[iv] Ibid, p.532 ‘Holy Scripture is also, in fact a human historical record’ (p.541); ‘God’s word comes to man and woman as a human word’ (p.699)

[v] Ibid, p.533

[vi] Ibid, pp.534-535

[vii] Ibid p.671 (cont.)

[viii] Ibid, p.704

[ix] Ibid, p.672

[x]  Ibid, p.595

[xi] This is not an ‘arbitrary freedom’, but a costly and decisive freedom ‘conferred by the Holy Spirit’ (p.667) and ‘worked out in obedience’ (p.661-662). Therefore the ‘Bible confronts us with the realisation our freedom’ (p.652)

[xii] Ibid, p.633 ‘Authority in the Church/Authority under the Word’

[xiii] Ibid, p.663 (cont.)

[xiv]  Ibid, p.668

[xv]  Ibid, p.662

[xvi] Ibid, p.704

[xvii] Ibid, p.559

[xviii]  Ibid, p.668 ‘The great defeats of the Church have been and are when it has wanted to honour its confession in theory but not in practice, when the living form becomes a mummy, and the mummy unnecessary lumber, and the gift of God is frustrated…the great danger in the inevitable conflicts against a confession of the Church is that it may be taken away from t if it yields to temptation and surrenders.’ (p.646)

 

(©RL2014)

Five links_Jpeg

Gathered here, are some of the best bits and pieces I’ve encountered online over the past few weeks. Some reflective, some serious, some just plain hilarious.

1. Everyday Heroes [Video]: Water bombing, aircraft, inferno extinguishers. Along with the song, something about this just shouts awesome.

2. Chesterton’s uniqueness appears to know no bounds.

G.K Chesterton from Alarms and discursions‘Science & Art without morality are not dangerous in the sense commonly supposed. They are not dangerous like a fire, but dangerous like a fog. A fire is dangerous in its brightness; a fog in its dullness; and thought without morals is merely dull, like a fog.

The fog seems to be creeping up the street; putting out lamp after lamp. But this cockney lamp-post… is still crowned with its flame; and when the fathers have forgotten ethics, their babies will turn and teach them’

(The Essential Chesterton Collection, 2009. Kindle Ed. 7612-7615 – This version is real cheap via Amazon at the moment)

3. There are a few versions of this old story on YouTube, this one is the most dramatic and amusing. Instead of an Irish accent  on the other end of the comms, it’d be funnier with an Aussie one. (“Just sayin’…” 🙂 )

 

4. We’ve just about finished watching through the T.V series Duck Dynasty. This meme epitomises the gutsy edge to this Cajun delight. Even though it’s structured up unto a point (what reality TV show isn’t?), that doesn’t hinder the serious message being promoted through all the bells and whistles (or in this case duck calls, camo, camaraderie and comedy).

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5. Lastly, if you have ever wondered what would have happened should the remaining members of Led Zeppelin become a “worship band”. Here Tim Hawkins pulls off a pretty close interpretation of how it might have turned out:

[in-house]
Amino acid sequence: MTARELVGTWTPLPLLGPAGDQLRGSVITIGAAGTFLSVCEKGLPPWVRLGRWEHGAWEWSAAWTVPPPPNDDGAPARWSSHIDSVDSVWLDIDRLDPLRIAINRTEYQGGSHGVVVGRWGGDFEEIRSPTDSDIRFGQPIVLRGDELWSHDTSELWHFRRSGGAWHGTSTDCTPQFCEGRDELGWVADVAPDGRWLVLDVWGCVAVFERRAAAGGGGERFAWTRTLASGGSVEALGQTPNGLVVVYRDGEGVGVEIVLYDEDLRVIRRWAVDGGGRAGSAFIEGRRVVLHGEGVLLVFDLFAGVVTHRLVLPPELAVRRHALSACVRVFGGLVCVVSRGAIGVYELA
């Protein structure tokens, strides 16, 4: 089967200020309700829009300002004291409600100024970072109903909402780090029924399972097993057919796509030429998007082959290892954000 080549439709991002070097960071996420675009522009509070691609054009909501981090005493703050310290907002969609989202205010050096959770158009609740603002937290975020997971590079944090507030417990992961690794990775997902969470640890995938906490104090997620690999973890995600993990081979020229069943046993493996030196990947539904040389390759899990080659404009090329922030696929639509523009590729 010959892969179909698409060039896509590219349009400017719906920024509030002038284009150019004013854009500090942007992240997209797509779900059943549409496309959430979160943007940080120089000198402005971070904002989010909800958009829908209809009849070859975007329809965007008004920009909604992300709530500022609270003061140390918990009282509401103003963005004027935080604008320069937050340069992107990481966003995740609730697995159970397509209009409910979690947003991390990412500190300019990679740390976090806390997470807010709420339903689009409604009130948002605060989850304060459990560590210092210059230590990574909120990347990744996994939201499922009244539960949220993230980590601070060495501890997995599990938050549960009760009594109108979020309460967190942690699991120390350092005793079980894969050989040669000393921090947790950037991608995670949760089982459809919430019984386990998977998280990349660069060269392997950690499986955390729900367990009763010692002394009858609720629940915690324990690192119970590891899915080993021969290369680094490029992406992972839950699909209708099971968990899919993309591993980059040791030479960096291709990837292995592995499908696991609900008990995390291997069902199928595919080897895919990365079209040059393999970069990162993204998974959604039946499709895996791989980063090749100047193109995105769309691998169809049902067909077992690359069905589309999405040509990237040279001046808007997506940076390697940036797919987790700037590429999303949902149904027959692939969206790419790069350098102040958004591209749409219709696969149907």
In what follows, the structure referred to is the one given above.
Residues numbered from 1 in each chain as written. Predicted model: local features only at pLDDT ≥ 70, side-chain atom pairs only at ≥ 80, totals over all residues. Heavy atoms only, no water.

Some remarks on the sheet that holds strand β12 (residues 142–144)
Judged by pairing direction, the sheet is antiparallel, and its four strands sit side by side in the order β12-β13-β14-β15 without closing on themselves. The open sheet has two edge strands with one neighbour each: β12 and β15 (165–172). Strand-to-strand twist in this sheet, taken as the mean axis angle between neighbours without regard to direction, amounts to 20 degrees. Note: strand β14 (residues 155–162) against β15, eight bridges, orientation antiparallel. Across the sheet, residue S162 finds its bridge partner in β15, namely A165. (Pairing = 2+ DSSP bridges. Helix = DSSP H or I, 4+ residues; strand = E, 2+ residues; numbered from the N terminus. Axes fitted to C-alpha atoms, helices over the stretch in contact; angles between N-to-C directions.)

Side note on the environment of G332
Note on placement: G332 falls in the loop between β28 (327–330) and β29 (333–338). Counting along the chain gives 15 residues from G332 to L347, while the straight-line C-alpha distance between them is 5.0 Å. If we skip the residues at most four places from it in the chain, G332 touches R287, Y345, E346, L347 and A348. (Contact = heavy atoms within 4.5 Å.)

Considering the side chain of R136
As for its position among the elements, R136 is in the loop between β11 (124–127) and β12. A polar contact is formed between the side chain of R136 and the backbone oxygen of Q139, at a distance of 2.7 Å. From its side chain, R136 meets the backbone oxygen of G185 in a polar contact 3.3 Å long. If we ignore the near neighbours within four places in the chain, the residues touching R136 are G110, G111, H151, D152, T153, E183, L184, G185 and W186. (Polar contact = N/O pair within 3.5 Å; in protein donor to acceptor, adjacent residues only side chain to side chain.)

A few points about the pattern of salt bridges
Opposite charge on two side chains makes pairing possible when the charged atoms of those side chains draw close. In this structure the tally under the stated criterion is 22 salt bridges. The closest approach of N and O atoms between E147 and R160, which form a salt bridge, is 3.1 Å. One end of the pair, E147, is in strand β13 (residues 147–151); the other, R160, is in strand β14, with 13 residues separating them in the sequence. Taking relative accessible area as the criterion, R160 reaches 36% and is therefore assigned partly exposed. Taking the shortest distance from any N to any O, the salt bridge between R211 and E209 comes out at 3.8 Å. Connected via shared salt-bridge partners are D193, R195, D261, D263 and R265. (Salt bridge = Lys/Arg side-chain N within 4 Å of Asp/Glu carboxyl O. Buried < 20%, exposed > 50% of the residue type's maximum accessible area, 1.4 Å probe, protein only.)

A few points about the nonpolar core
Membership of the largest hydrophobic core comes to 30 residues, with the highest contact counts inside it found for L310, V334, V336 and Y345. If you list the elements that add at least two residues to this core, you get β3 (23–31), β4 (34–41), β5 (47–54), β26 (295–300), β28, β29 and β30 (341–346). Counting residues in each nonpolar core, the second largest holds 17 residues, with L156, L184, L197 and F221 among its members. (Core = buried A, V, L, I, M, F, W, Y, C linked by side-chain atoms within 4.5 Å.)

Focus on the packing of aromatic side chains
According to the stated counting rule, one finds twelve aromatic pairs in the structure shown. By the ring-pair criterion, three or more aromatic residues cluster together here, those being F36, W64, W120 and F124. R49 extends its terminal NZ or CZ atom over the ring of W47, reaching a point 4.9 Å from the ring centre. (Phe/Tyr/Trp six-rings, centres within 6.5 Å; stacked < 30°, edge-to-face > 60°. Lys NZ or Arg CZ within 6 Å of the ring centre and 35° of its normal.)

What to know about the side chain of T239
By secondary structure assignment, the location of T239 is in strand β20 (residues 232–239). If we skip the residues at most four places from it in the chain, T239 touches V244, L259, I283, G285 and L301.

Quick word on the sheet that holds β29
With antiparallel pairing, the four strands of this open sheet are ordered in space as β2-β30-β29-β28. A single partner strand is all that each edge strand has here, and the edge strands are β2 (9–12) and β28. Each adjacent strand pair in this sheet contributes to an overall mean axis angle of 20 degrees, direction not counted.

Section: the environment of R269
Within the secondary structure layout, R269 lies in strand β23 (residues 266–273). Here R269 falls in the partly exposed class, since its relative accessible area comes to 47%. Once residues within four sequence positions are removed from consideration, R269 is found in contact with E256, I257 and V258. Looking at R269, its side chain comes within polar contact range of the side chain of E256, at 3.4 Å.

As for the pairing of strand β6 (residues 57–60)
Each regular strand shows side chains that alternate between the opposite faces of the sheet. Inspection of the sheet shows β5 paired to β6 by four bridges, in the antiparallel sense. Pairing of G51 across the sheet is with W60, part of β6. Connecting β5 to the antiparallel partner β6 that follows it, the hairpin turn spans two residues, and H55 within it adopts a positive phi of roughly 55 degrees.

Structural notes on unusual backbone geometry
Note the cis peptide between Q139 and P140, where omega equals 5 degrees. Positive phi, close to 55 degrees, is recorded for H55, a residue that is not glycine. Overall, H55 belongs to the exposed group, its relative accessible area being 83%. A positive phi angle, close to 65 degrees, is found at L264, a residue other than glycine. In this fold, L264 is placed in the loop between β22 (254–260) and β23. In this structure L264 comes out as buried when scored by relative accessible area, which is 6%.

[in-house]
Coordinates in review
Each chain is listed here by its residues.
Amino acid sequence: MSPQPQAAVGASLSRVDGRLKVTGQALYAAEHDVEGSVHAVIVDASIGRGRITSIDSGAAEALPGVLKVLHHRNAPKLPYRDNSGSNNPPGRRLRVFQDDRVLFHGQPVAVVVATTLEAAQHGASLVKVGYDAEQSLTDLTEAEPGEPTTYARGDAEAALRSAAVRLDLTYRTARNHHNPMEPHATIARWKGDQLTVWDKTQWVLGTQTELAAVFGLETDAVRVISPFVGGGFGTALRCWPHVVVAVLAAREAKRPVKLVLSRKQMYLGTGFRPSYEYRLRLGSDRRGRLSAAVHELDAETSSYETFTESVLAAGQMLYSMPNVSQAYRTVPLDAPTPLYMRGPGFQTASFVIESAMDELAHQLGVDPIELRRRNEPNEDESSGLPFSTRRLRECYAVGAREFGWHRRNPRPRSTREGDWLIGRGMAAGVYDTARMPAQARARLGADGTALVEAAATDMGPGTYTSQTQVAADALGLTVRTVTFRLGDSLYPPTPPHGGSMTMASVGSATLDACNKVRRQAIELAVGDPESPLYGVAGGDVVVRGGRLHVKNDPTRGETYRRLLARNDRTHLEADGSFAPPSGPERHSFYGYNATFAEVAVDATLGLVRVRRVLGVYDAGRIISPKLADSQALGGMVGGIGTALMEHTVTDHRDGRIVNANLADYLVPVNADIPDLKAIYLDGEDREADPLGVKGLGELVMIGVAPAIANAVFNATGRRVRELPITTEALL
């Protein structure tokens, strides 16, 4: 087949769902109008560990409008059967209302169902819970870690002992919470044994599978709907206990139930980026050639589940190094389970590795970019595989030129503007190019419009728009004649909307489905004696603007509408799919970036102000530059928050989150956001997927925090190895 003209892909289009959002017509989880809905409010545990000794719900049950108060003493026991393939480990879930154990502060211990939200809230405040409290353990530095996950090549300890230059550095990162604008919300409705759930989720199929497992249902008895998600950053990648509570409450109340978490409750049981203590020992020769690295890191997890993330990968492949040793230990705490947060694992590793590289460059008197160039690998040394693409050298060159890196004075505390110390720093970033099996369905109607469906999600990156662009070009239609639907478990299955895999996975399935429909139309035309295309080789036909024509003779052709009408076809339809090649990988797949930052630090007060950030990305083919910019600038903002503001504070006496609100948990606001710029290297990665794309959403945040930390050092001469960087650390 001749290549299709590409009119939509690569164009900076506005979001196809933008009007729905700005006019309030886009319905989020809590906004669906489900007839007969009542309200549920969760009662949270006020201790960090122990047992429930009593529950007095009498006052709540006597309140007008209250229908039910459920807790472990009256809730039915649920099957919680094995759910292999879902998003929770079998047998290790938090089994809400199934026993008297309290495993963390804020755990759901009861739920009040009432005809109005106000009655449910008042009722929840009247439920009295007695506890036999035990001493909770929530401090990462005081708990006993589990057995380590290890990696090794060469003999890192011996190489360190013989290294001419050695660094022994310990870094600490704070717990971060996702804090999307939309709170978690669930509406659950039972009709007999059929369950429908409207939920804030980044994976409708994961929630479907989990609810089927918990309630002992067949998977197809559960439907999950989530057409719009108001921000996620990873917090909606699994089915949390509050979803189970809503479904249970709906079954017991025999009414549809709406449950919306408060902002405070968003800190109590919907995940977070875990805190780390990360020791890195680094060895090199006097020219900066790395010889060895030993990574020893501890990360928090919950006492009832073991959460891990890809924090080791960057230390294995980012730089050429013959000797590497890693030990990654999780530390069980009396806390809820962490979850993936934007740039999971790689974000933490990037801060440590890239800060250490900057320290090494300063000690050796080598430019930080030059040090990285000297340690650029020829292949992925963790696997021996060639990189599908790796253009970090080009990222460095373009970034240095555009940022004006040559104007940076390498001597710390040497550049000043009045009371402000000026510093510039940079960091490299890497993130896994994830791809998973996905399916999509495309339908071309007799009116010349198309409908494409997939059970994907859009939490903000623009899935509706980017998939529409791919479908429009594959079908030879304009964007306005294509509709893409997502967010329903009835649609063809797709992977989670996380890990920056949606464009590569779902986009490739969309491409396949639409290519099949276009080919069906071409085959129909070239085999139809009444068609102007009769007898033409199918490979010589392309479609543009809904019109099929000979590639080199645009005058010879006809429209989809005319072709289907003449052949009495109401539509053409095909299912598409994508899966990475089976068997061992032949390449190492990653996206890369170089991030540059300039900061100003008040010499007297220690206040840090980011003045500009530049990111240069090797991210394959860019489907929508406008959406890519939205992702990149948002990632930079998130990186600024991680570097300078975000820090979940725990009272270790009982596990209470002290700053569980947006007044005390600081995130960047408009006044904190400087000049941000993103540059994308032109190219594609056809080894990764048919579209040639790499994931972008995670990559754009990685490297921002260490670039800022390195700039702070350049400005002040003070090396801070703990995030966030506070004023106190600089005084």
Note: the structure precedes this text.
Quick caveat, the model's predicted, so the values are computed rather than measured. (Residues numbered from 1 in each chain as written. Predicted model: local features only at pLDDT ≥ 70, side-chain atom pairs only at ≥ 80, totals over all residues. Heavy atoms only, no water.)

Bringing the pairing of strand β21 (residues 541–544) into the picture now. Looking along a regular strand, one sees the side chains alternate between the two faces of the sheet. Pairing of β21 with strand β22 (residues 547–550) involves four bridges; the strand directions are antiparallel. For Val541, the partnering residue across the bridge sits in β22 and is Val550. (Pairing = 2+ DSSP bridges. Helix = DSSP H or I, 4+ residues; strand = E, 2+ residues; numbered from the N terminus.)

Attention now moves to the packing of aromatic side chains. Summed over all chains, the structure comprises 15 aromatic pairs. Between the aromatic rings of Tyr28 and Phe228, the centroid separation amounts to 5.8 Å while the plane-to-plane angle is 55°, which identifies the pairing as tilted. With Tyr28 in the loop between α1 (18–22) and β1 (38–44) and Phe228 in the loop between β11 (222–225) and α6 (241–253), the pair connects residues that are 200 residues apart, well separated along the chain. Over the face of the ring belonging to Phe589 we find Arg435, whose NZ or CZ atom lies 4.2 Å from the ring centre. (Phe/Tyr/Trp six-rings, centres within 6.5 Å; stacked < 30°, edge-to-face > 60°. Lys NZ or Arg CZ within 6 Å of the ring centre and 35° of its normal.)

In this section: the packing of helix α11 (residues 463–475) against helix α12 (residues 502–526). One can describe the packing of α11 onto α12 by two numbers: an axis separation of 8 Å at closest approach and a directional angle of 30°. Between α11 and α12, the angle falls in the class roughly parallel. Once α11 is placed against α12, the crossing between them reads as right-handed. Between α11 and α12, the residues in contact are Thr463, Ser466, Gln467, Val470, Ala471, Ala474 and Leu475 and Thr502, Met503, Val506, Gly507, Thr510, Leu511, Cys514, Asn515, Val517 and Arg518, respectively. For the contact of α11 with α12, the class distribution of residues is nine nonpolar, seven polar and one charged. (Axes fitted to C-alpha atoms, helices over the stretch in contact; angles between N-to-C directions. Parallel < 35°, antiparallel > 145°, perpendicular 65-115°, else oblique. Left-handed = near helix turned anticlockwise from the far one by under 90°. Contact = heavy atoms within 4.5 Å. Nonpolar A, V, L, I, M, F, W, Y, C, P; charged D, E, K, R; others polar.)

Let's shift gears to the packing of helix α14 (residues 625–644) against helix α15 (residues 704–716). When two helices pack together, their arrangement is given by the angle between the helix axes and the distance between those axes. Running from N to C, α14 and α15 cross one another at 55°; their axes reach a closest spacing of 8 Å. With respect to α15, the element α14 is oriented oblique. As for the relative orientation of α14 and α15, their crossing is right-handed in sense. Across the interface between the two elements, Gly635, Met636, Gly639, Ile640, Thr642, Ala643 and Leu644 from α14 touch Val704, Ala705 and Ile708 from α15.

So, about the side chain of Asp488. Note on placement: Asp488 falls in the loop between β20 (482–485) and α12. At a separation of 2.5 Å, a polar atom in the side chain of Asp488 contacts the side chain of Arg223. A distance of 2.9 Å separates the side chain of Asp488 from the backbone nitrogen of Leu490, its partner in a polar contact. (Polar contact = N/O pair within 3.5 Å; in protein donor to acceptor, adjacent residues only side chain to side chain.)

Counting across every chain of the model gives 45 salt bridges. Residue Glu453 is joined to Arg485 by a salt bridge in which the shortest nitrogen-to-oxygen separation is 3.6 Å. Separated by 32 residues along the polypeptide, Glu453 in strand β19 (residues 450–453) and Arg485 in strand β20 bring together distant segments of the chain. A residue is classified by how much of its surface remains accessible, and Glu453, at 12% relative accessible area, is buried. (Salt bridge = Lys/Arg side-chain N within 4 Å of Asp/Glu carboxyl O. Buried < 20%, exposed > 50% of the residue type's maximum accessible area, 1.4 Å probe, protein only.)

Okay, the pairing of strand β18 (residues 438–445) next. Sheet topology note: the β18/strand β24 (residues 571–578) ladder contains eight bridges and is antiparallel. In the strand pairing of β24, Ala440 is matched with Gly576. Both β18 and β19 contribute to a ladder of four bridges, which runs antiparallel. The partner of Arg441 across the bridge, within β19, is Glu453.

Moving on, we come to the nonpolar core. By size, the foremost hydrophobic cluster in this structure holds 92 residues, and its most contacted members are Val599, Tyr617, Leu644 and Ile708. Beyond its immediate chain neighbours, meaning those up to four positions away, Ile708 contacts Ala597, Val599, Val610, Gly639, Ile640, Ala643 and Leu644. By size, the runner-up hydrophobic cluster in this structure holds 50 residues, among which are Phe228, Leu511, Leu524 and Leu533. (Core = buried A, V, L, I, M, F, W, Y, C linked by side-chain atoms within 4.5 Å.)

Images: G.K Chesterton, Alarms and Discursions 1910; Jase Robertson, (Pinterest)

By no means is this a conclusive run down on what I see as the need to find, and advocate for, a fair use of the vehicles we choose to communicate and receive information through.  By pointing out inconsistencies and connecting them to a possible cause, my purpose here is primarily an attempt just to reflect upon it.

Recently an incident showed, to me, the contrast between hard reality and cheap comment. Comments from people, who in the comfort of relative security, only seem to be far more concerned with the side of the story that sells best, than with finding balance.

To his credit, Bennett pushes back against the leading questions made by the anchor-man, quickly realising and not without some frustration that the interview had ended before it really had begun.

Remarking:

“…You’re invited to a situation like this..it’s just great sitting on the sidelines, just telling us how to react” {2:39} – (Naftali Bennett, Isreal’s Economic Minister)

Australian journalist and political commentator Andrew Bolt, in support of Bennett, rightly noted:

It’s easy to say “disproportionate” when you’re sitting in London

The same applies to social media.

Yes, we need make room for each other. Patience is the imperative (if not the virtue), mainly because we are all still trying to figure out how to use this technological freedom responsibly.

Social media, however, like some aspects of it’s macro counterpart can become a misinformation behemoth. In spite of the evidence or any quest for the truth and balance. At its core is subjective suspicion, dismissive ridicule and cynical discounting. Surely, this is far from what media outlets mean by the term integrity and investigative journalism.

In the hands of resourceful and ambitious communicators, its potential as the ultimate propaganda machine is disturbing.

As hashtags and memes trend towards the ridiculous. The misuse of the mechanism allows an industrial grade hysteria to push a smoke screen of emotions over the facts, extinguishing balance and respectful dialogue.